See article in its original context here by Rebecca Harkins-Cross for The Age.
Swashbuckling jester shines despite ageing script
When Dario Fo was commissioned to write a play commemorating Christopher Columbus’ exploration of the Americas in 1992, the notoriously irreverent Italian playwright chose a “no-tagonist” stowaway as his narrator, whose epic monologue showed up the brutality and ignorance of the colonial encounter.
Here agitprop takes the form of rollicking lampoonery, performed in the giullare style that Fo revived – a medieval form of jestering grounded in improvisation and oral tradition. At two hours, it’s a feat not only of memory but of physical endurance for any performer, demanding vigorous clowning to play a cast of thousands.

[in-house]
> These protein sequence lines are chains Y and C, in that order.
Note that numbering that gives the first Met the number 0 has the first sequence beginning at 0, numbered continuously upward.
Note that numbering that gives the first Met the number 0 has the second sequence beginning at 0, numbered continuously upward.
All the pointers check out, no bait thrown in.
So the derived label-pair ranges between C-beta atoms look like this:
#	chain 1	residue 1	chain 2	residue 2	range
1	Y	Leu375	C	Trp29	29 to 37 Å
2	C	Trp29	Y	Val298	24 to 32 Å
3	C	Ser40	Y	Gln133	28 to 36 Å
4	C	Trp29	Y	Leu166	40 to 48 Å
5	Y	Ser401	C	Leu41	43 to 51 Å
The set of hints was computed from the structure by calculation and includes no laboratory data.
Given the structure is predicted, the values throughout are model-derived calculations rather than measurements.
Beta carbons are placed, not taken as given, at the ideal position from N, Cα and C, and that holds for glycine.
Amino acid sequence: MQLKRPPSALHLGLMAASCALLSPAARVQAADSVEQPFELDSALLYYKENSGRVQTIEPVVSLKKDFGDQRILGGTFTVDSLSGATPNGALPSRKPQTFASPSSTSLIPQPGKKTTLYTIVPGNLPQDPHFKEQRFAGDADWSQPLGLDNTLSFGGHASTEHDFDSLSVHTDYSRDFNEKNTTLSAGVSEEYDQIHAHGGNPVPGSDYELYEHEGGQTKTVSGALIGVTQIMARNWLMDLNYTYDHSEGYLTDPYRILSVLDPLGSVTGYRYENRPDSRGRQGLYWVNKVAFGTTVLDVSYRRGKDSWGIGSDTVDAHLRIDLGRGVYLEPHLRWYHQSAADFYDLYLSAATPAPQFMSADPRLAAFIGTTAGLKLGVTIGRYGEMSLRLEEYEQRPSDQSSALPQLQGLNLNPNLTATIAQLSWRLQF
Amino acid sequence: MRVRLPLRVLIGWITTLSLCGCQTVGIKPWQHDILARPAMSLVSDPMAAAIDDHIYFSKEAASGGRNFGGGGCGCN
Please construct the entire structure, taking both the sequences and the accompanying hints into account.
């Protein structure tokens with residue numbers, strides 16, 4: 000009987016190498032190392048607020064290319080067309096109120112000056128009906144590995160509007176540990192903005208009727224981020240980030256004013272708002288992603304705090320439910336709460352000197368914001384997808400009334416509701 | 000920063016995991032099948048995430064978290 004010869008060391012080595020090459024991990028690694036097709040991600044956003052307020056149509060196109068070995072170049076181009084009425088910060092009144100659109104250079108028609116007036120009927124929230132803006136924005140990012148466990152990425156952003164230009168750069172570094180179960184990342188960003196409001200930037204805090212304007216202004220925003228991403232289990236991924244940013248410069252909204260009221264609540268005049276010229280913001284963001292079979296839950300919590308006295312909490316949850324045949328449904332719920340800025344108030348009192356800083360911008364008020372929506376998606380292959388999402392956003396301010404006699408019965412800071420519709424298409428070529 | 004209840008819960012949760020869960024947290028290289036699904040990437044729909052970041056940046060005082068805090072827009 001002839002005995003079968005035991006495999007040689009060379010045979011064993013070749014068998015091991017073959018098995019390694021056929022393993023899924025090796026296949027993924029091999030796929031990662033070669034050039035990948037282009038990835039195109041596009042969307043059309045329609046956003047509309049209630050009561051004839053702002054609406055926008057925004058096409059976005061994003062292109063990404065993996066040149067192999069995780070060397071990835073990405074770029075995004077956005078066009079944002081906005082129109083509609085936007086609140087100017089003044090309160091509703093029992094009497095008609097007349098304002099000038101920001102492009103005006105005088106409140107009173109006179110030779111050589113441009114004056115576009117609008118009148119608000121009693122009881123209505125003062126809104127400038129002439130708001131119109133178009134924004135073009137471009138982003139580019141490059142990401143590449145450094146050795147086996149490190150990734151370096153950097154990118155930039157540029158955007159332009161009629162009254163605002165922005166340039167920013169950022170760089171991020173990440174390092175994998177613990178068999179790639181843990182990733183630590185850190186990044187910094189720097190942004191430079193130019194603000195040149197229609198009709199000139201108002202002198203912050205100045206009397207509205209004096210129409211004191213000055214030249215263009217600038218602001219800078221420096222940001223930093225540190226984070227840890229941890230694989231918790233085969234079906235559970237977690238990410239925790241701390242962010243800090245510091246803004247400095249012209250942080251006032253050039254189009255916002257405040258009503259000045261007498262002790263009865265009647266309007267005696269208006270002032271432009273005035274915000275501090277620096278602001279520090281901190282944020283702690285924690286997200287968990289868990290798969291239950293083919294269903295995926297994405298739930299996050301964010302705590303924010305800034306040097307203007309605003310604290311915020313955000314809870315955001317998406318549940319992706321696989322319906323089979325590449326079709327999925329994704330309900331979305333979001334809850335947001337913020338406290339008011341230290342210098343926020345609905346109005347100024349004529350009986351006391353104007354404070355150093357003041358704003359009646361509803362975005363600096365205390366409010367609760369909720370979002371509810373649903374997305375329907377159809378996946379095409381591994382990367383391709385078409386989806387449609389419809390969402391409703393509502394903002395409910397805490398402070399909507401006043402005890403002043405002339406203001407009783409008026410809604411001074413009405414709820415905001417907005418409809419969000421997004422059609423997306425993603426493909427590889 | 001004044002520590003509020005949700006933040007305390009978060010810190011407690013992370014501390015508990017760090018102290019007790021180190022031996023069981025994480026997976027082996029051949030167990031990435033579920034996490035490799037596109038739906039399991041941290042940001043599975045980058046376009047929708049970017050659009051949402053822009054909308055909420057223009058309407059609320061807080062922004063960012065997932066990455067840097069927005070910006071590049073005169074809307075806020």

This is a masterful performance from Steve Gome. Under Wayne Pearn’s fine direction, Gome keeps the audience captivated without theatrical aids. He brings an impish spirit and anarchic energy to the wily fugitive, raconteur, fabulist and lothario. This swashbuckling picaresque sees him acting out auto-da-fe, cannibal ceremonies, riding an amorous pig, and copulating in a hammock.
Fo’s work isn’t often performed in Australia, perhaps because his distinctive style doesn’t always translate. While this production has laugh-out-loud moments, the humour can feel dated. Despite the play’s overarching humaneness its political correctness (or lack of) also niggles; buxom and eager-to-please native women abound.
Satire wanes when the play’s primary targets, Church and State, are no longer such sacred cows. Fo’s performances were introduced with prologues directly stating contemporary political parallels, but here a reference to Indigenous dispossession feels undercooked. It’s worth seeing for Gome’s remarkable performance, but as agitprop it lands with a soft fist.